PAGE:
This win, however, should stand out.

Alabama just wasn’t Alabama for much of the season. They lost to Texas A&M, had a close call against an LSU team in transition and another close call against an under-manned Auburn team.

The consensus was Alabama wasn’t very good and this was just Georgia’s year. It certainly seemed that way. Saban wouldn’t buy it. Instead, he turned a young, inexperienced offense into a championship-worthy crew — against a defense many compared to Saban’s 2011 crew.

Saban’s decision to go against his previous mindset and reinvent his offensive philosophy in 2016 was a big reason Alabama was able to upset the old-school Bulldogs on Saturday.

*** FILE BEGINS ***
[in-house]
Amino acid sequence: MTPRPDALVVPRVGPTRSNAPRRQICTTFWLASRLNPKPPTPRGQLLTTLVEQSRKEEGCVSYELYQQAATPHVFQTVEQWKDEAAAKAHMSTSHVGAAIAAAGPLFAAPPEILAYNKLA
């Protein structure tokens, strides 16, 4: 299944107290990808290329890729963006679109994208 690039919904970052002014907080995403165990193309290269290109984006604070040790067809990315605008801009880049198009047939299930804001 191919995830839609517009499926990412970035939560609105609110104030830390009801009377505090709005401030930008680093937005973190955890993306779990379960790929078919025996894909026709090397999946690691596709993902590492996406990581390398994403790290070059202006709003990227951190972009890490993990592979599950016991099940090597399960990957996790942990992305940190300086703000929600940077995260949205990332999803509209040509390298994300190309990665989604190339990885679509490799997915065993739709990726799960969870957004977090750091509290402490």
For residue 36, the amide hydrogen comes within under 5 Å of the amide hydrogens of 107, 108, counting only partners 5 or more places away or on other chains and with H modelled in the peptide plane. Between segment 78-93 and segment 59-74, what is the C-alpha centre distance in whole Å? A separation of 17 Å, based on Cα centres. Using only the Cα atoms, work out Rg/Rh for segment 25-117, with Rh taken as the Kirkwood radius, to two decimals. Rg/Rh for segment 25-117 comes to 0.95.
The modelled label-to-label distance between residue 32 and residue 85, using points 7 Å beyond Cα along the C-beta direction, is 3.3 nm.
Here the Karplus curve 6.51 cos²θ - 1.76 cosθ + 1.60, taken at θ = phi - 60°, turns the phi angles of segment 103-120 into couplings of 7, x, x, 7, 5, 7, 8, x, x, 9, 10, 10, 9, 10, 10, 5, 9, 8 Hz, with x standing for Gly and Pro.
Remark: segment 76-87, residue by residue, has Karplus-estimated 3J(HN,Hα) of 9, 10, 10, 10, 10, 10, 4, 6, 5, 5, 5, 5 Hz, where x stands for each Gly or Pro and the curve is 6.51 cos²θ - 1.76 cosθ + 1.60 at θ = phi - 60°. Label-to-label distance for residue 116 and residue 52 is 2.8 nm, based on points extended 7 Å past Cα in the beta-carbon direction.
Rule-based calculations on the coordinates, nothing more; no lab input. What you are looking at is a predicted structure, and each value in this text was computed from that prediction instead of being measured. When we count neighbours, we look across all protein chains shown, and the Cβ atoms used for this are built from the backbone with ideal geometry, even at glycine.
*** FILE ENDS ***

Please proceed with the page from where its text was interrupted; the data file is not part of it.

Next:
The elders among us may think that college football is a bit too offensive because of the rules in place, but that’s just the way things are. Saban was dealt that hand years ago. He tried to fight it but eventually conceded that old-school football was just old-fashioned. Saban cashed in on that decision again Saturday. Saban proved that it’s better to have a great offense than a great defense. There’s no denying it.

In some ways, Saban won Saturday’s game with his preparation to evolve into a hurry-up, pass-often offense over 5 years ago. Saban knew he had to be ahead of the game and the coaches, like Georgia coach Kirby Smart, that were trying to catch him. No problem.

Bottom line: Thanks to Bryce Young, Alabama looked like recent Alabama on Saturday night. And that’s a scary thought to the 3 teams still in their way for a national championship.